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Report: Trump Asked Intel Heads To Push Back On FBI Russia Probe

Director of National Intelligence Dan Coats and National Security Agency Director Adm. Mike Rogers testify before the Senate Intelligence Committee earlier this month.

President Trump asked two top U.S. intelligence chiefs to push back against the FBI's investigation into possible collusion between Russia and his presidential campaign, the Washington Post reported Monday evening.

According to the Post, the president made the request to Director of National Intelligence Dan Coats and National Security Agency Director Adm. Mike Rogers shortly after then-FBI Director James Comey — who Trump fired almost two weeks ago — confirmed the existence of the FBI investigation during testimony before the House Intelligence Committee on March 20:

Coats and Rogers refused to comply with the requests, which they both deemed to be inappropriate, according to two current and two former officials, who spoke on the condition of anonymity to discuss private communications with the president....

Trump's conversation with Rogers was documented contemporaneously in an internal memo written by a senior NSA official, according to the officials. It is unclear if a similar memo was prepared by the Office of the Director of National Intelligence to document Trump's conversation with Coats. Officials said such memos could be made available to both the special counsel now overseeing the Russia investigation and congressional investigators, who might explore whether Trump sought to impede the FBI's work....

Both Coats and Rogers are set to testify before Congress on Tuesday in previously scheduled hearings — Coats, a former Indiana GOP senator, before the Senate Armed Services Committee, and Rogers before the House Armed Services Committee.

Trump has repeatedly blasted the FBI investigation and has called the idea that anyone on his campaign colluded with Russia — which the U.S. intelligence community has concluded did meddle in the 2016 elections — a "hoax" and has blasted it as a "witch hunt."

But, the Post noted, this was viewed by both current and former top intelligence officials "as an attempt by the president to tarnish the credibility of the agency leading the Russia investigation."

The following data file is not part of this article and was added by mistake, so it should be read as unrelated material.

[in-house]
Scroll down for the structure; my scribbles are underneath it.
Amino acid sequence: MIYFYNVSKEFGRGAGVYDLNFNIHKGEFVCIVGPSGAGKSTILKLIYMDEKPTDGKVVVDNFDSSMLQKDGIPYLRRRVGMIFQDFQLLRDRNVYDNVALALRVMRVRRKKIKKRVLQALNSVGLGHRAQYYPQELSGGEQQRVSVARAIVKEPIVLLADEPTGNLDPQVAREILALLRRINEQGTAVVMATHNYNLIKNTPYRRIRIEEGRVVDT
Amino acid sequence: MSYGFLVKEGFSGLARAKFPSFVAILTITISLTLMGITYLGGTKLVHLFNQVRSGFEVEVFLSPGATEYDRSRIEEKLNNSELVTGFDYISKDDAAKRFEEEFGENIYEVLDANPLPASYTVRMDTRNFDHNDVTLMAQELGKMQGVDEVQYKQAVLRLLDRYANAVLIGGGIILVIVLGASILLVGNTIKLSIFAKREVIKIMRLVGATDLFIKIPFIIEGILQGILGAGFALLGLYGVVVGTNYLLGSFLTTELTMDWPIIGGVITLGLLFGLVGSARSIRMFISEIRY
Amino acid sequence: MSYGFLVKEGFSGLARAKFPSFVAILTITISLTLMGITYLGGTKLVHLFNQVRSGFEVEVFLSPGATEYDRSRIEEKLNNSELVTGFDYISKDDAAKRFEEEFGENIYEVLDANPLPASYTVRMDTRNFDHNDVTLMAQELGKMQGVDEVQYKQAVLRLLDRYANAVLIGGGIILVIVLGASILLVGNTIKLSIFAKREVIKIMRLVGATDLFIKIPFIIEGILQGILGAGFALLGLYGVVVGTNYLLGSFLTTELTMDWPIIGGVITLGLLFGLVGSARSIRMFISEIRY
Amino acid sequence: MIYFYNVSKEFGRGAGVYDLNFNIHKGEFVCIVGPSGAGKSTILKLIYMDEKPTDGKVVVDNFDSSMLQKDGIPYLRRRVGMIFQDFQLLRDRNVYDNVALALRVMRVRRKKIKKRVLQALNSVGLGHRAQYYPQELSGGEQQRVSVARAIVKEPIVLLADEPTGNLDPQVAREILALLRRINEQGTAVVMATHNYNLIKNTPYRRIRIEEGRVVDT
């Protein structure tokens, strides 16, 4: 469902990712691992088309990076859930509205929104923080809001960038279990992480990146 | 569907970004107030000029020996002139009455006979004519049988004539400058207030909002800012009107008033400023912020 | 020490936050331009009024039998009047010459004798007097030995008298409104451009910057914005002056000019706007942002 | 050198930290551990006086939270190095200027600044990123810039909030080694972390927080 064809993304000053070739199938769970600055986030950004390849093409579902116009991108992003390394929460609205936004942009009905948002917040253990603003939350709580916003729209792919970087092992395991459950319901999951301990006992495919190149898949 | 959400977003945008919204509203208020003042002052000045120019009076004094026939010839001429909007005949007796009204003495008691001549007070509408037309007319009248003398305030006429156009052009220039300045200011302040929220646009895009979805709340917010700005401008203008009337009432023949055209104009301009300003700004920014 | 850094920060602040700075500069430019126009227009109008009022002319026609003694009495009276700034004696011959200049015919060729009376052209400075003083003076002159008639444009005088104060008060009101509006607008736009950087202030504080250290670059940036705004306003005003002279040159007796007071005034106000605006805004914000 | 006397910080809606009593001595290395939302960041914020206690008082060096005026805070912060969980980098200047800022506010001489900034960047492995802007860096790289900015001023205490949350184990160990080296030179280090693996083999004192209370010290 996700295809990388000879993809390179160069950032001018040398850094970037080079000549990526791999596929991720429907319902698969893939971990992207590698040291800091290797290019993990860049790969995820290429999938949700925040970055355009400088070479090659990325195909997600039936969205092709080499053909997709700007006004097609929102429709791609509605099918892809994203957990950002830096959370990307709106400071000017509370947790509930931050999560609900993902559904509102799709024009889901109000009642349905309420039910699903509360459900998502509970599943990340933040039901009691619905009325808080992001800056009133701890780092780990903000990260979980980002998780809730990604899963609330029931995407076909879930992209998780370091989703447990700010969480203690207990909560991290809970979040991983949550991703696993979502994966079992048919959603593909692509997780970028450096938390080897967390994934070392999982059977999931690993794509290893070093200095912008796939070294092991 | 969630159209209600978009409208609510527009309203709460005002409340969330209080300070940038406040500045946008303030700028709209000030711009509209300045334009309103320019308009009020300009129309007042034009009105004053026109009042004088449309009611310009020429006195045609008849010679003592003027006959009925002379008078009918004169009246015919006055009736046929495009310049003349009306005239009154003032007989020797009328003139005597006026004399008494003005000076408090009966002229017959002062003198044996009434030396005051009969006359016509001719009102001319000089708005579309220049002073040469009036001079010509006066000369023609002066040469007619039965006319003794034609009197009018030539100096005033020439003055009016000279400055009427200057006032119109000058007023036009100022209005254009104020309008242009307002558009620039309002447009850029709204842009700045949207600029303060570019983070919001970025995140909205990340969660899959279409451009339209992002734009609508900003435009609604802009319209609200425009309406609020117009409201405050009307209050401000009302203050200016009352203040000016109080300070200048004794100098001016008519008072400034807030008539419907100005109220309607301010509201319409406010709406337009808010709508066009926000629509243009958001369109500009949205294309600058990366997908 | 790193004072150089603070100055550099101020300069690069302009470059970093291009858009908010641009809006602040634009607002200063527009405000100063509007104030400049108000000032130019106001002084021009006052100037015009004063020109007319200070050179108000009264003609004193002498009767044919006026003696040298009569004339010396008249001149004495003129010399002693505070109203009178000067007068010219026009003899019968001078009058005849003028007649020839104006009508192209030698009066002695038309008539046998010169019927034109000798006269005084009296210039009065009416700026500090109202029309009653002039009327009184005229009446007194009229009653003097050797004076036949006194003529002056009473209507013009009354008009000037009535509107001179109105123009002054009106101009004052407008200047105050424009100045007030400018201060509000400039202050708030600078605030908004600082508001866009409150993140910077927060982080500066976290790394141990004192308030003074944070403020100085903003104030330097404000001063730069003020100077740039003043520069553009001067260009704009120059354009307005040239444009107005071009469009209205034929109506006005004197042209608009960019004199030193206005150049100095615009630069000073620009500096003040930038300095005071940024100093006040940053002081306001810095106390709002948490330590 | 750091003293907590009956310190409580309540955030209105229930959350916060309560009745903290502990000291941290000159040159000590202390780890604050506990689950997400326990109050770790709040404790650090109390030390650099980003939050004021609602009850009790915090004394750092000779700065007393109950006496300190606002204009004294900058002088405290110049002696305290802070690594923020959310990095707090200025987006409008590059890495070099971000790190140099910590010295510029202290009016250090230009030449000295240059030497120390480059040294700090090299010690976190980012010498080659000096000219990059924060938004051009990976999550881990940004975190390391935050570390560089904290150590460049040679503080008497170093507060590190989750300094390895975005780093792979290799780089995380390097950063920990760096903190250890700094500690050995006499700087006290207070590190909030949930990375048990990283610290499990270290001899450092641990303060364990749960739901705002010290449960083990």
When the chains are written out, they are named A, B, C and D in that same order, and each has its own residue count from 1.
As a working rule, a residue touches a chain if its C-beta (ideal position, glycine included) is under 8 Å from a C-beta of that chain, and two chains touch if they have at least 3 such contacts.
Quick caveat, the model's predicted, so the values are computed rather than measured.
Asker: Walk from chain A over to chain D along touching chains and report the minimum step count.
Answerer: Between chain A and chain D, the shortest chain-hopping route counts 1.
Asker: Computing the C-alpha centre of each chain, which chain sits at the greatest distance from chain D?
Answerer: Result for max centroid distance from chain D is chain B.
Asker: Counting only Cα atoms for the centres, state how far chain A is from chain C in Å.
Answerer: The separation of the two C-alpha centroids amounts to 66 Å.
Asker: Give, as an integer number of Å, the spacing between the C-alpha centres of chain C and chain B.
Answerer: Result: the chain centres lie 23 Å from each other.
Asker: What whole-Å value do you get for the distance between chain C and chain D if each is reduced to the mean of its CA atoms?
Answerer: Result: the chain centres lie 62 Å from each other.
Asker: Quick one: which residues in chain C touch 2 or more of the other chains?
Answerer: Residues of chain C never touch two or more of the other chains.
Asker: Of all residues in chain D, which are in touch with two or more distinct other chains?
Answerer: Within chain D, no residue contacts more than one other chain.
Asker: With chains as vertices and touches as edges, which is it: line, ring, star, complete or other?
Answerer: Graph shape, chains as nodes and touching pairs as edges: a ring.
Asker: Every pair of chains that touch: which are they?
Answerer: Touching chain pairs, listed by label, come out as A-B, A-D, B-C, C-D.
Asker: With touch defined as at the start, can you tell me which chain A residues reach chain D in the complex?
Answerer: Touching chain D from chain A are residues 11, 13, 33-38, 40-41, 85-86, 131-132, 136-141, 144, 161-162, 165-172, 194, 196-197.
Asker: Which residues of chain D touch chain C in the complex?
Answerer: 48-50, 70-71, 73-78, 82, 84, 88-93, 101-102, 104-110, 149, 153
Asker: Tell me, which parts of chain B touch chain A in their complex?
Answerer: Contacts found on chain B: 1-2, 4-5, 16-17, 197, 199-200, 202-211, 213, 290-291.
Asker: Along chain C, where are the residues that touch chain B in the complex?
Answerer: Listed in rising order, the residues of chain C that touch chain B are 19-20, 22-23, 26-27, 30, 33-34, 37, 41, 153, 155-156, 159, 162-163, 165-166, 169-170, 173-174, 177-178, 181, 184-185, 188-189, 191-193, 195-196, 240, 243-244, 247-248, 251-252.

A White House spokesperson said in a statement, "The White House does not confirm or deny unsubstantiated claims based on illegal leaks from anonymous individuals. The president will continue to focus on his agenda that he was elected to pursue by the American people."

The report from the Post is the latest major story in the wake of Comey's sudden firing almost two weeks ago. The New York Times reported last week, and two sources subsequently confirmed to NPR, that Trump asked Comey to scuttle the investigation into his former national security adviser Michael Flynn, who had just been forced to resign after he misled Vice President Pence about his conversations with the Russian ambassador. Comey memorialized that conversation, and others he had with the president, in memos he wrote afterward, two sources close to the former FBI director confirmed to NPR. Trump has denied he asked Comey to end the investigation.

The report Monday in the Post also said that top White House officials also waded in to try and scuttle the investigation into Flynn:

In addition to the requests to Coats and Rogers, senior White House officials sounded out top intelligence officials about the possibility of intervening directly with Comey to encourage the FBI to drop its probe of Michael Flynn, Trump's former national security adviser, according to people familiar with the matter. The officials said the White House appeared uncertain about its power to influence the FBI.

"Can we ask him to shut down the investigation? Are you able to assist in this matter?" one official said of the line of questioning from the White House.

The Times also reported on Friday that Trump boasted to Russian officials the day after he fired Comey that he terminated him because he "was crazy, a real nut job" and he did so in order to ease the "great pressure because of Russia," which was now "taken off."

Deputy Attorney General Rod Rosenstein appointed former FBI Director Robert Mueller as a special counsel last week to oversee the growing probe into Russian possible ties to Trump associates.

Copyright 2017 NPR. To see more, visit http://www.npr.org/.

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